From the middle of November, the Netherlands changes. The children get excited and everywhere you look, on tv, the news, and in shops, you can see a jolly man with a big white beard and red robes carrying gifts for children.
This might sound familiar, however this man does not come from the north-pole with a sled, but on a steam ship from Spain. It's not Santa Claus but Sinterklaas! We will teach you how to celebrate Sinterklaas like the Dutch!
Sinterklaas, also known as Saint Nicholas bears many resemblances to Santa Claus.
The figure of Santa Claus is largely based on the Dutch Sinterklaas. There are some differences however. Change the Elves to Black Petes, the stockings hanging above the chimney to shoes in front of it, Rudolph the reindeer to a white horse called Amerigo, and then the transformation is almost complete.
Also known as Saint-Nicholas, this mythical figure is inspired by Nikolaos of Myra, a Greek bishop from the 4th century. He was the patron saint of children and sailors. According to legend he had a habit of secret gift giving.
Each year, Sinterklaas arives from Spain with a steam boat filled with gifts and sweets.
He is portrayed as an elderly man, with white long hair and a full beard, riding a white horse. He wears red bishops clothing, a red mitre and ruby ring.
He carries a golden staff with a spiral on top, and he has a big book that has the names of all children, and in which is written whether a child has been good or bad in the past year.
Sinterklaas is accompanied by his helpers. The Zwarte Pieten or Black Petes, are dressed in bright clothing, resembling the clothing of 17th century Spanish noblemen. They carry bags of candy and sweets.
For a long time the Black Petes, had black make-up, red lips, curly hair and a golden earring.
His appearance led to heated debates, because they have resemblances to the racist stereotype, Blackface. This in combination with the Dutch history in colonialism and slavery, makes it a sensitive subject matter.
There is a big party in the city where Sinterklaas arrives in the middle of November. The city of arrival changes each year, and all the adults and children that live nearby come and welcome him.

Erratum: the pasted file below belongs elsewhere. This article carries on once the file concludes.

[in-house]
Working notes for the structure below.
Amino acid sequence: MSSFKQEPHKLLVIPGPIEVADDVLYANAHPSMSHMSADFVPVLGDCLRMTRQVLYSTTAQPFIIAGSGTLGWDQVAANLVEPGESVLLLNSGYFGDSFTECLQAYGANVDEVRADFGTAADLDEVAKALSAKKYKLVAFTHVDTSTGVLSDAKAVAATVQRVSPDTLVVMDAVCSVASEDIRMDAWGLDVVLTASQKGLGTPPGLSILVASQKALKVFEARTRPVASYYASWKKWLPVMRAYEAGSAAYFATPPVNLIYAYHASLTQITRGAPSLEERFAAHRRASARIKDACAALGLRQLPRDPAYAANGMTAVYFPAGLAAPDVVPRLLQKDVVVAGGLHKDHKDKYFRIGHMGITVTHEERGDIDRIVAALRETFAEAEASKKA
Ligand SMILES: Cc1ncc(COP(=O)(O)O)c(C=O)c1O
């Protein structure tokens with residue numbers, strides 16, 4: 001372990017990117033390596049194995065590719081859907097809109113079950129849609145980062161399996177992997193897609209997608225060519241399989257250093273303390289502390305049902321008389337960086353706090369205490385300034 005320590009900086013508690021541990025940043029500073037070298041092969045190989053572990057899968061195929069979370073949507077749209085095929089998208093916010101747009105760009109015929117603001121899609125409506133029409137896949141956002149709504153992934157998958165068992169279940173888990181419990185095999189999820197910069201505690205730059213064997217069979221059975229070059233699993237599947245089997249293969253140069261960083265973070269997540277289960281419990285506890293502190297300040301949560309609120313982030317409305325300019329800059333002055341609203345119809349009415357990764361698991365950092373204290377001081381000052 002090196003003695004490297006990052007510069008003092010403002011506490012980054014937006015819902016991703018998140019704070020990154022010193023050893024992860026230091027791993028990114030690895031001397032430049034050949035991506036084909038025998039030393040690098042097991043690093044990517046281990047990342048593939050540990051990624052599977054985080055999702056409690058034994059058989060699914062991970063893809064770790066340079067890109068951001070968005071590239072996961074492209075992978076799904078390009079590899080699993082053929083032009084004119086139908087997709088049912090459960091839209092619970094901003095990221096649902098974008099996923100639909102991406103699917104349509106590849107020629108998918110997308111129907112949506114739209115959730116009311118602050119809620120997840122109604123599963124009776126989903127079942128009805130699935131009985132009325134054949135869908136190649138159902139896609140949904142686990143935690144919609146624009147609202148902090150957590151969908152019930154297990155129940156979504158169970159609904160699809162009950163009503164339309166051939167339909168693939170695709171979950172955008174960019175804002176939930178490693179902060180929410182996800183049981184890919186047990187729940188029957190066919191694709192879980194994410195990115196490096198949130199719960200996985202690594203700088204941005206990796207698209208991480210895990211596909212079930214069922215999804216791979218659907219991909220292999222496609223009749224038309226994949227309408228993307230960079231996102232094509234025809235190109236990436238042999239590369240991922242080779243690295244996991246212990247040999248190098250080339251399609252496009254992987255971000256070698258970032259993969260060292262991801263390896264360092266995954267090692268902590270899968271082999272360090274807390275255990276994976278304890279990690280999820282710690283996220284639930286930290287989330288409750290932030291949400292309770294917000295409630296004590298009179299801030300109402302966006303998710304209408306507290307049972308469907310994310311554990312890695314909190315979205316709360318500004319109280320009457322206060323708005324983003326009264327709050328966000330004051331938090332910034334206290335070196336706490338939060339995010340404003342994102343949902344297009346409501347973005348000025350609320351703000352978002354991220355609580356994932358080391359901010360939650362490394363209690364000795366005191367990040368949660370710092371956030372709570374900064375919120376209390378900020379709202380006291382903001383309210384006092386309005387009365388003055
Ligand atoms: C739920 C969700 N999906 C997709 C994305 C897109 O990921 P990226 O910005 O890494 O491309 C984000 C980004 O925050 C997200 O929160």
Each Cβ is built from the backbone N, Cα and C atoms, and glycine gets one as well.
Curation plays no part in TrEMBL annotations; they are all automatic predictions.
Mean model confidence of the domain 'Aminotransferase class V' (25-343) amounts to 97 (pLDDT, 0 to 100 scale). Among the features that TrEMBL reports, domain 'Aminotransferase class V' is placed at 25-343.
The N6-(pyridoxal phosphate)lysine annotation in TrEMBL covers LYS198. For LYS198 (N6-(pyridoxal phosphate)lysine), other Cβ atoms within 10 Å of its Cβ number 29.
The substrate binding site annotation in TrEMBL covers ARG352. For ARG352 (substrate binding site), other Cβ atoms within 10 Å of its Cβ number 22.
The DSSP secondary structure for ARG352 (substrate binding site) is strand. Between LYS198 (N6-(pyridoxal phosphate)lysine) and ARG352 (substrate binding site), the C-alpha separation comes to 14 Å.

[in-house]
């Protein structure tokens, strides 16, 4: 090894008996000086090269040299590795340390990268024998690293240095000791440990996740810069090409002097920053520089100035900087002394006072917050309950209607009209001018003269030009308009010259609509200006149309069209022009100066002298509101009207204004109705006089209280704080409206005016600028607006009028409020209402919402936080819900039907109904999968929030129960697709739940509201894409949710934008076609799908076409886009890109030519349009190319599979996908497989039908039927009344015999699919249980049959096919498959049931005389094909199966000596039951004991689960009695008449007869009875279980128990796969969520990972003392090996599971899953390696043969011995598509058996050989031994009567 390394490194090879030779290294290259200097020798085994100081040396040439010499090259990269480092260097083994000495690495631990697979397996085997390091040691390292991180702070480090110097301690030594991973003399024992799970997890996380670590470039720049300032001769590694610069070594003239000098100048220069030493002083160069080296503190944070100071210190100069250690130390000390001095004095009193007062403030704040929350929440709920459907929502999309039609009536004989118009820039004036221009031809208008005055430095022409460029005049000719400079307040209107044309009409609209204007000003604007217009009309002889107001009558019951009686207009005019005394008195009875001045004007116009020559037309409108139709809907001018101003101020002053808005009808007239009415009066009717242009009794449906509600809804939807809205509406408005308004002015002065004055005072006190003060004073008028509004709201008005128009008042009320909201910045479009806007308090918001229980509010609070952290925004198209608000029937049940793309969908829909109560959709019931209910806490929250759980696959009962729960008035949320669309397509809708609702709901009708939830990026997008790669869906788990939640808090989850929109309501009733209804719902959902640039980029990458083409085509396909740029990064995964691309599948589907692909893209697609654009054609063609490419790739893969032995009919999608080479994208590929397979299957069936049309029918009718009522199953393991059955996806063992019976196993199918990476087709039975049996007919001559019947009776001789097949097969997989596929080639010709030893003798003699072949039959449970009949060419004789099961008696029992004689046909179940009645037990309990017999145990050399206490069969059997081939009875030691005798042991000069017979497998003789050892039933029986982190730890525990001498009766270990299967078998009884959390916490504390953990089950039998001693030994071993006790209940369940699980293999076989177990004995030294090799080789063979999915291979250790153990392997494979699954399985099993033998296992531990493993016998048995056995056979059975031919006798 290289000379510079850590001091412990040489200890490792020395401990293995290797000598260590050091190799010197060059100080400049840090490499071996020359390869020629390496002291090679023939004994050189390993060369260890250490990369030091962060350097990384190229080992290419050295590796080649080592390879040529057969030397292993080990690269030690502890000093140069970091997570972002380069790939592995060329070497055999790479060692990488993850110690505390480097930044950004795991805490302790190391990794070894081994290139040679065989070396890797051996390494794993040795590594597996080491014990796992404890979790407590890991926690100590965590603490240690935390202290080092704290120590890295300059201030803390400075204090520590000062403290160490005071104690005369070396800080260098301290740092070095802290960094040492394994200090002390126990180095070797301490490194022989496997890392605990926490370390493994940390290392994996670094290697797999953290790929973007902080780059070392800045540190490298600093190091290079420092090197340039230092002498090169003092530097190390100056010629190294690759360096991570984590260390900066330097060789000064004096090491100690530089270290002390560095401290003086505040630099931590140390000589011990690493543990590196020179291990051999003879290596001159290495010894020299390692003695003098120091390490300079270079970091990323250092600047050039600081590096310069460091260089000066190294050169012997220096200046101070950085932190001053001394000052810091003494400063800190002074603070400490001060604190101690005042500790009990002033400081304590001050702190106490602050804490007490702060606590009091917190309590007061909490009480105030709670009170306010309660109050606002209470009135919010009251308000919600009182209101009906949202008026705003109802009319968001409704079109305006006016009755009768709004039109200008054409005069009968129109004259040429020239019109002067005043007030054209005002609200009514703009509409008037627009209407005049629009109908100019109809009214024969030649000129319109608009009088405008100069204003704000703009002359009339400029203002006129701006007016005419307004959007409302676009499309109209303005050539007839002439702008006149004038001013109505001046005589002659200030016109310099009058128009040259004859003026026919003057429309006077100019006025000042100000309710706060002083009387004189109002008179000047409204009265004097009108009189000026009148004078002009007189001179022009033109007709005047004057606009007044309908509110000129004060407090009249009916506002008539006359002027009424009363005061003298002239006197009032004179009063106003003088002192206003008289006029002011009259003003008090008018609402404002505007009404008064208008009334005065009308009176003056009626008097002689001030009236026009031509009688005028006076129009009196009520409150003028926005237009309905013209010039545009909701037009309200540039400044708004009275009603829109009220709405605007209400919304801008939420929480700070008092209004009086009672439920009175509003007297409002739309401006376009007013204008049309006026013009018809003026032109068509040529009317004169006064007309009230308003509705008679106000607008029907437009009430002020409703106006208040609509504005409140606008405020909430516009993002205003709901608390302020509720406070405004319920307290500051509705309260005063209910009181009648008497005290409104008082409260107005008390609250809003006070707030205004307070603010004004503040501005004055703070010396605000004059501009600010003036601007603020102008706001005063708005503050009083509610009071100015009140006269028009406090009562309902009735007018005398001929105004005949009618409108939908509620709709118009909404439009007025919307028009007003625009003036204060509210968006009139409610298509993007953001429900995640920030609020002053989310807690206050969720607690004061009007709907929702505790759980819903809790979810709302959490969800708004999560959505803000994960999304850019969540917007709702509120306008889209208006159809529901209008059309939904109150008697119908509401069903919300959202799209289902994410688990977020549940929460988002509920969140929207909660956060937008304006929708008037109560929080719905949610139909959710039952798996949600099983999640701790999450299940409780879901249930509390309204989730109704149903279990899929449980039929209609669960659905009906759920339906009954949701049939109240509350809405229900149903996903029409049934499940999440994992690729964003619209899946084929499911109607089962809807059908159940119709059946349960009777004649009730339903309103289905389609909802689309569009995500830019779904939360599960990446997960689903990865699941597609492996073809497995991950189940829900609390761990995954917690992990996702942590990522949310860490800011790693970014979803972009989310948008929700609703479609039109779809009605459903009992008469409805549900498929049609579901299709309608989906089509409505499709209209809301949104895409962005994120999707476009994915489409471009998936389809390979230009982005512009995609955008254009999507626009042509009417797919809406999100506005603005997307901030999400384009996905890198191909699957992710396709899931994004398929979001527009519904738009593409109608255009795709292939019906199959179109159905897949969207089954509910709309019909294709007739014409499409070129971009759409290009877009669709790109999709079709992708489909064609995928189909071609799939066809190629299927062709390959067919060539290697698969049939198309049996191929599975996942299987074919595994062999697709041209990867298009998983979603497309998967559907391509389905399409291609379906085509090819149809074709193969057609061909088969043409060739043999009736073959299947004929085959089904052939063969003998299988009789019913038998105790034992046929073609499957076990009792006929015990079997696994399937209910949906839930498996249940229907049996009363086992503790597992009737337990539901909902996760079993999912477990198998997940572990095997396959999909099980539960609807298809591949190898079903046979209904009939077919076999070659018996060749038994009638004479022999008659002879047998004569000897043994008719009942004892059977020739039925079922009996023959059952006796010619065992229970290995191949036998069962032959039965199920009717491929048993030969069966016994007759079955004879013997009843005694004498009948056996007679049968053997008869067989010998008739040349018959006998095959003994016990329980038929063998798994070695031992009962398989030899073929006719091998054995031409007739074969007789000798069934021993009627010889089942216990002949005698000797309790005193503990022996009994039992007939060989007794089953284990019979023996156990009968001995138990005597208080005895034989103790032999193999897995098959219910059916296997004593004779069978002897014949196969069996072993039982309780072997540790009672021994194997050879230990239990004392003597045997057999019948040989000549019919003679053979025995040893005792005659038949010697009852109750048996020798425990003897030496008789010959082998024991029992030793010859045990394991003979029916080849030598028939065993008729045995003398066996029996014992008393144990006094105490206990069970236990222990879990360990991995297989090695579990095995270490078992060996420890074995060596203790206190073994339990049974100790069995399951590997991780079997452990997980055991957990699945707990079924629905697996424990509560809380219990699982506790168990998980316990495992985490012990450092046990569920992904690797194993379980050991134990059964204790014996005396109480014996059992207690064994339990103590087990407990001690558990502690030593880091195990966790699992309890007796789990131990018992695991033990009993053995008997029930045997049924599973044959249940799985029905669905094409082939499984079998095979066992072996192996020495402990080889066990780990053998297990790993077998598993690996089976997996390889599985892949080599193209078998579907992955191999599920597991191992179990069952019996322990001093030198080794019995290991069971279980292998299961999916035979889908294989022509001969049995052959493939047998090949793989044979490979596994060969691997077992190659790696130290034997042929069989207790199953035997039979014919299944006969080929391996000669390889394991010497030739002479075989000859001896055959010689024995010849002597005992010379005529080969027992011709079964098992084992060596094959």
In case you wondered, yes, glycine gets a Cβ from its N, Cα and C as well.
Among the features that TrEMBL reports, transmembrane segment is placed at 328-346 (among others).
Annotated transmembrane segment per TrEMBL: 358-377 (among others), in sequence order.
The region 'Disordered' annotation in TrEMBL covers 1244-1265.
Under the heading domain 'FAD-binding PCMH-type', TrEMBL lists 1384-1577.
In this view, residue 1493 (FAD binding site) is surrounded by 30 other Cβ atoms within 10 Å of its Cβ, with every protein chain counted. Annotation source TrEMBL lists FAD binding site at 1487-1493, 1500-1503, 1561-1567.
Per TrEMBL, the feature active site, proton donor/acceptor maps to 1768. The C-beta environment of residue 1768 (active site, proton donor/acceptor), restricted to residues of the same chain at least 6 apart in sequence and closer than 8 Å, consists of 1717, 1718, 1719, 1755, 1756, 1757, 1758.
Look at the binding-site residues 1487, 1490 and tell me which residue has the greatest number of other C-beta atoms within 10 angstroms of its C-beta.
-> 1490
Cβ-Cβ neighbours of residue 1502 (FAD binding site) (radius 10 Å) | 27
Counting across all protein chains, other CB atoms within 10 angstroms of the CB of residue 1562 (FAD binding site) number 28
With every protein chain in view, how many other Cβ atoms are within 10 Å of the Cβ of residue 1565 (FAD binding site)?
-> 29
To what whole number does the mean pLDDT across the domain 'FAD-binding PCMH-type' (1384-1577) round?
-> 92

The days following the big arrival, Sinterklaas and his helper visit the other towns and villages in the Netherlands.
The most important night however is the 5th of December. It is the night before the birthday of Sinterklaas. The night is called Pakjesavond or Gift Evening. The children get many gifts and a lot of candy.
The Dutch children put one of their shoes in front of the fireplace. Or if they don't have a fireplace, they can put in near the central heating of the house.
The children fill the shoes with carrots, or hay for the horse of Saint Nicholas. Before the children go to sleep, they often sing a Sinterklaas song next to their shoe. Hoping that the next morning they will find that the carrot and drawings are removed and the shoe is filled with sweets or a gift instead.
If you are in the Netherlands at the end of November, some candy scattering can occur. So don't worry if you see Saint Nicholas helper suddenly throw a hand full of candy towards you, it is perfectly normal.
Piet carries a bag full of candy and he gives hands full of candy to the children or he throws it around and watches the children dive to the floor to gather as much candy as they can.
The most famous Sinterklaas sweet is the Pepernoot or Peppernut. They are small cookie-like objects made of rye, sugar and anise. They are quite chewy.
Pepernoten are often confused with Kruidnoten or Spicy nuts. These small cookies are also very popular during the Sinterklaas days, but they look different. They are half spheres with a flat bottom. The Kruidnoten taste like speculaas, they have a gingerbread flavor.
Other sweets include small figures made of marzipan, choclate coins and choclate figurines. If you are really lucky, Sinterklaas wil give you a large letter made of choclate, usually the letter that your name starts with.
of the delicacies will be given to you if you do not sing the songs. So if you
are in the Netherlands during the end of November, make sure you practice some
of the famous Dutch Sinterklaas songs. You can find a nice compilation here.
Sinterklaas is fun for young and old. Teenagers and adults often make surprises for eachother.
Everyone puts a piece of paper with their name on it in a box. The box is shuffeled. Then everyone takes out a name from the box. They have to make a surprise for the person whose paper they drew.
The surprise is a handcrafted object with a gift inside. It can be a piece of art, shaped in a way that resembles the persons hobby or work.
It can be a small quest such as, placing clues all over
the place of where they can find their gift.
Or it can be a gift that is wrapped in a complicated way, such as a gift in a block of ice, or a gift wrapped in a lot of paper and tape.
The surprises are usually made out of cardboard, paper, or paper mache.
Traditionally the surprises are accompanied by a poem written in the name of Sinterklaas. The poem is often short, funny, and gives a small hint to what the gift in the surprise may be.
Many of the poems start with "Sinterklaas en Piet zaten te denken, wat zou ik (...) toch eens schenken?" which roughly translates to "Sinterklaas and Peter were thinking, what would (...) like us to bring."
You now have all the ingredients to celebrate Sinterklaas the propper way. If you are putting out your shoe at the fireplace, please send us the picture so we can show it to the world. Enjoy the celebrations!
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